The witty and engaging Kelly Sue DeConnick began her Emerald City Comic Con by stealing a quarter left behind by Ben Templesmith, who had vacated the same seat moments before. Immediately endearing herself to the audience, DeConnick spent the next hour talking about her current work on “Captain Marvel,” “Ghost” and her upcoming creator-owned project with artist Emma Rios.
DeConnick got her start in comics writing for review site Artbomb.net, which was founded by Peter Rose, Warren Ellis and DeConnick herself. The site shied away from superhero books, focusing on broad-genre recommendations, organizing itself like a bookstore so readers could find suggestions based on theme. The site only published positive reviews, so DeConnick wasn’t worried about critical backlash once she made the jump to working in comics.
“From a creator’s side, I really don’t take [criticism] too personally. Occasionally when somebody writes something that’s personal, it bugs me, but mostly I feel sorry for them because they’re jealous,” she joked.
DeConnick transitioned from writing reviews to translating manga by way of a chance project with Neil Gaiman. After attending a signing for “Neverwhere,” DeConnick reached out to the author offering research assistance. DeConnick did a bit of research for “American Gods” and was then approached by Tokyo Pop to do a Gaiman-esque translation for “Demon Diary.” Seven years later, she had over 11,000 pages of translation under her belt.
DeConnick’s first original comic writing was “30 Days of Night: Eben and Stella” in 2007, co-written with series creator Steve Niles. “Why Steve decided I’d be a good choice for this, I have no idea. We knew each other from the Internet!” she said. Niles gave DeConnick freedom over the material, and although she isn’t completely pleased with the comics writing aspect, she remains proud of the prose, themes and character development.
After working on a few small anthologies, DeConnick had her first child with fellow writer and husband, Matt Fraction. “I have this tendency to freak out about things, and babies are a thing that’s easy to freak out about,” she explained. DeConnick went from doing five manga adaptations per month to just one, instead spending time focusing on exploring her new identity as a mother. A few years later, DeConnick was ready to take on new projects in the form of Marvel Comic’s “Rescue” and “Sif.”
DeConnick was passionate about staying away from gender stereotypes as she moved into her next large project: launching a new “Captain Marvel” series. Recalling a conversation with Marvel senior editor Stephen Wacker, DeConnick said, “We were talking about Carol Danvers in the beginning and what we wanted from it, and we agreed that if she never sat on the couch eating ice cream in the entire run, however much we got, we would have won!”
The transition from “Ms. Marvel” to “Captain Marvel” began with a revamp of Carol Danvers’ costume. DeConnick fought for artist Jamie McKelvie to take the helm on the redesign, going so far as to offer to pay for his work out of her own pocket. “They were not going to go with outside budget for the redesign,” she explained. McKelvie’s design — a practical, military-inspired pantsuit — impressed the editors at Marvel, generated excitement for the new book and won DeConnick a bet that she, literally, couldn’t afford to lose.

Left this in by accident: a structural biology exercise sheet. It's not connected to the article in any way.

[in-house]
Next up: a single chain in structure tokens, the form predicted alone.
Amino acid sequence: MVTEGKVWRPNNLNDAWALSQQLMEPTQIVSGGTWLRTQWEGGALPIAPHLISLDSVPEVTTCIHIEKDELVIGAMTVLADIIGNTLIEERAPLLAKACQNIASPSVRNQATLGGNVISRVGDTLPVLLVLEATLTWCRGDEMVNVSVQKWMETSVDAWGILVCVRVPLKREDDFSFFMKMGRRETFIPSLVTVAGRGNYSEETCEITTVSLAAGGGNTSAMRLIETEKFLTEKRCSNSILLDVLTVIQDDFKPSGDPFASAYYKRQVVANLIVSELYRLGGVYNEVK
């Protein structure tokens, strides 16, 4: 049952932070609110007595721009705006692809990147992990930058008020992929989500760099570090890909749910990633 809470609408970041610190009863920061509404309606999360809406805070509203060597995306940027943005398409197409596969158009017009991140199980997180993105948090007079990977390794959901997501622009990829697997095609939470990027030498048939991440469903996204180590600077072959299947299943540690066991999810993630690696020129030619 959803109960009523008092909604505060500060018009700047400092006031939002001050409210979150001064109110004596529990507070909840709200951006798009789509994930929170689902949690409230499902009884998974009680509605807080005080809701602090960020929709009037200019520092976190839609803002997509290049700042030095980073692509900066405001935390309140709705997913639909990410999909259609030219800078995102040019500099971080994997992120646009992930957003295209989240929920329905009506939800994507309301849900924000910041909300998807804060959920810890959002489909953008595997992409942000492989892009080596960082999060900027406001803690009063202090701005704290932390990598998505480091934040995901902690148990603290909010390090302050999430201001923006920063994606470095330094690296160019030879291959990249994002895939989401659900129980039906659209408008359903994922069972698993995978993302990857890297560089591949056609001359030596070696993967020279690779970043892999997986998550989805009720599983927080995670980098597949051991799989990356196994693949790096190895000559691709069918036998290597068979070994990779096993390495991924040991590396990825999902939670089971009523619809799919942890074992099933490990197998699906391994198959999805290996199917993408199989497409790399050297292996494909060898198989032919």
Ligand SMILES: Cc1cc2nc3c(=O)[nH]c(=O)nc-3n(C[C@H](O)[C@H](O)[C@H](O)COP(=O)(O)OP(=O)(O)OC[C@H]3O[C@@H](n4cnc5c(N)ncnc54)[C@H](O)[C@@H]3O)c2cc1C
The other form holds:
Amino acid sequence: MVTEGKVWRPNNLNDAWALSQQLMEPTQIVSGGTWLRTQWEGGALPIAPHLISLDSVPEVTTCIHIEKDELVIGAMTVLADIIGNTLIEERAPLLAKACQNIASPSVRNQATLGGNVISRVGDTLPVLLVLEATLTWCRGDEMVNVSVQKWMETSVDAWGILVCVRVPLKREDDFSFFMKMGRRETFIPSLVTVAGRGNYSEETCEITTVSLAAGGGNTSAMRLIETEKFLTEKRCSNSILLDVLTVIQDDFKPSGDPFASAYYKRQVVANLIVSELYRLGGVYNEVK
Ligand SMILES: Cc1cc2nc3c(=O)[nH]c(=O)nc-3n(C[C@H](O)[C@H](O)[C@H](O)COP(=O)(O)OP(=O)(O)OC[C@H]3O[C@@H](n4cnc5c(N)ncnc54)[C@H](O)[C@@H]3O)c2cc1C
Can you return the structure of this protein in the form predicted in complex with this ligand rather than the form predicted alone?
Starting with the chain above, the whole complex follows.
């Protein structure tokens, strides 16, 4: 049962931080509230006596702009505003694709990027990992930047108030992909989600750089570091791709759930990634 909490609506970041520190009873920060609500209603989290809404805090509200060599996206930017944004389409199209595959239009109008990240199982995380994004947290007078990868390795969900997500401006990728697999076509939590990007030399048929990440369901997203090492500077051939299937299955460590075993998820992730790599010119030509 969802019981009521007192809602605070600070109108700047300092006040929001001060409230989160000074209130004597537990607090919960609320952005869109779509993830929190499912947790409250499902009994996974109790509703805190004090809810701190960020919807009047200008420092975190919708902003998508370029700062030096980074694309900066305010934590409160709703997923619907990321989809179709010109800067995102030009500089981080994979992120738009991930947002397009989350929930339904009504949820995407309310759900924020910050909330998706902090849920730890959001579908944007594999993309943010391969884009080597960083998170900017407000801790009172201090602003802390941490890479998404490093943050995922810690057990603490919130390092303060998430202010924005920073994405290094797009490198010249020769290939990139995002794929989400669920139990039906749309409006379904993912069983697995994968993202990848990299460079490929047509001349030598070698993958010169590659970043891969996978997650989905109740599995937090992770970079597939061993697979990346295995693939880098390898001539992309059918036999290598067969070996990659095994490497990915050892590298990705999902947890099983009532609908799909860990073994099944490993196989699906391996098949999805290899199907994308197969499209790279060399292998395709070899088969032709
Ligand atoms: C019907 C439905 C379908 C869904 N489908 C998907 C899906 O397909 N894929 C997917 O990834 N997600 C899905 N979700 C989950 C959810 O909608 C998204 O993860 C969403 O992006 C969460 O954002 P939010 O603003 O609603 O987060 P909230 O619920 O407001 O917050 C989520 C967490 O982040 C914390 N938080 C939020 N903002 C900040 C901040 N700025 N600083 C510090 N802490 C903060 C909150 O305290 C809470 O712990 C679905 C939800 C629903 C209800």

“The old costume is classic and iconic — it’s just outdated,” DeConnick explained. She argues that seeing superhero costumes on real women, specifically at conventions and in films, made her realize the impracticality and indignity in the swimwear aesthetic. “I knew that I was going to be writing a funeral scene. Who’s going to a military funeral in a swimsuit and thigh boots?!”
DeConnick brought this same spirit of sartorial innovation to her work on “Ghost,” a reboot of Dark Horse’s mid-’90s character. “I looked at the old Adam Hughes corset and thing — yeah, it’s super cool, and super crazy dated. Did she die at a rave? She was a journalist! It worked at the time, it was dated, no shame in that.”
On the heels of her well-received miniseries, “Ghost” has since been picked up as an ongoing series. The series follows two paranormal investigators who manage to pull Ghost, a screaming wraith in white, into the living world, a concept inspired by brave female journalists who have put their lives on the line in their commitment to truth seeking.
Continuing her legacy of penning badass female heroes, DeConnick announced her plans to write Wasp with Marvel in the future, which had been a character she has wanted to work on for a while.
DeConnick finished her time discussing her upcoming Image Comics creator-owned project, “Pretty Deadly.” The western-style book features a female protagonist — the Devil’s daughter — as well as a man who may or may not be blind, a girl who wears a vulture coat, and a dead bunny narrator. Reuniting with artist Emma Rios, DeConnick says they are ready to do more than the five issues slated.
“‘Pretty Deadly’ is the hardest thing I’ve ever written in my life. Every time I think I know what its about or where it’s going, it changes on me. It’s a weird book.”
Fans can tentatively expect the book to hit shelves this spring, along with her “Captain Marvel”/”Avengers Assemble” crossover kicking off in June.
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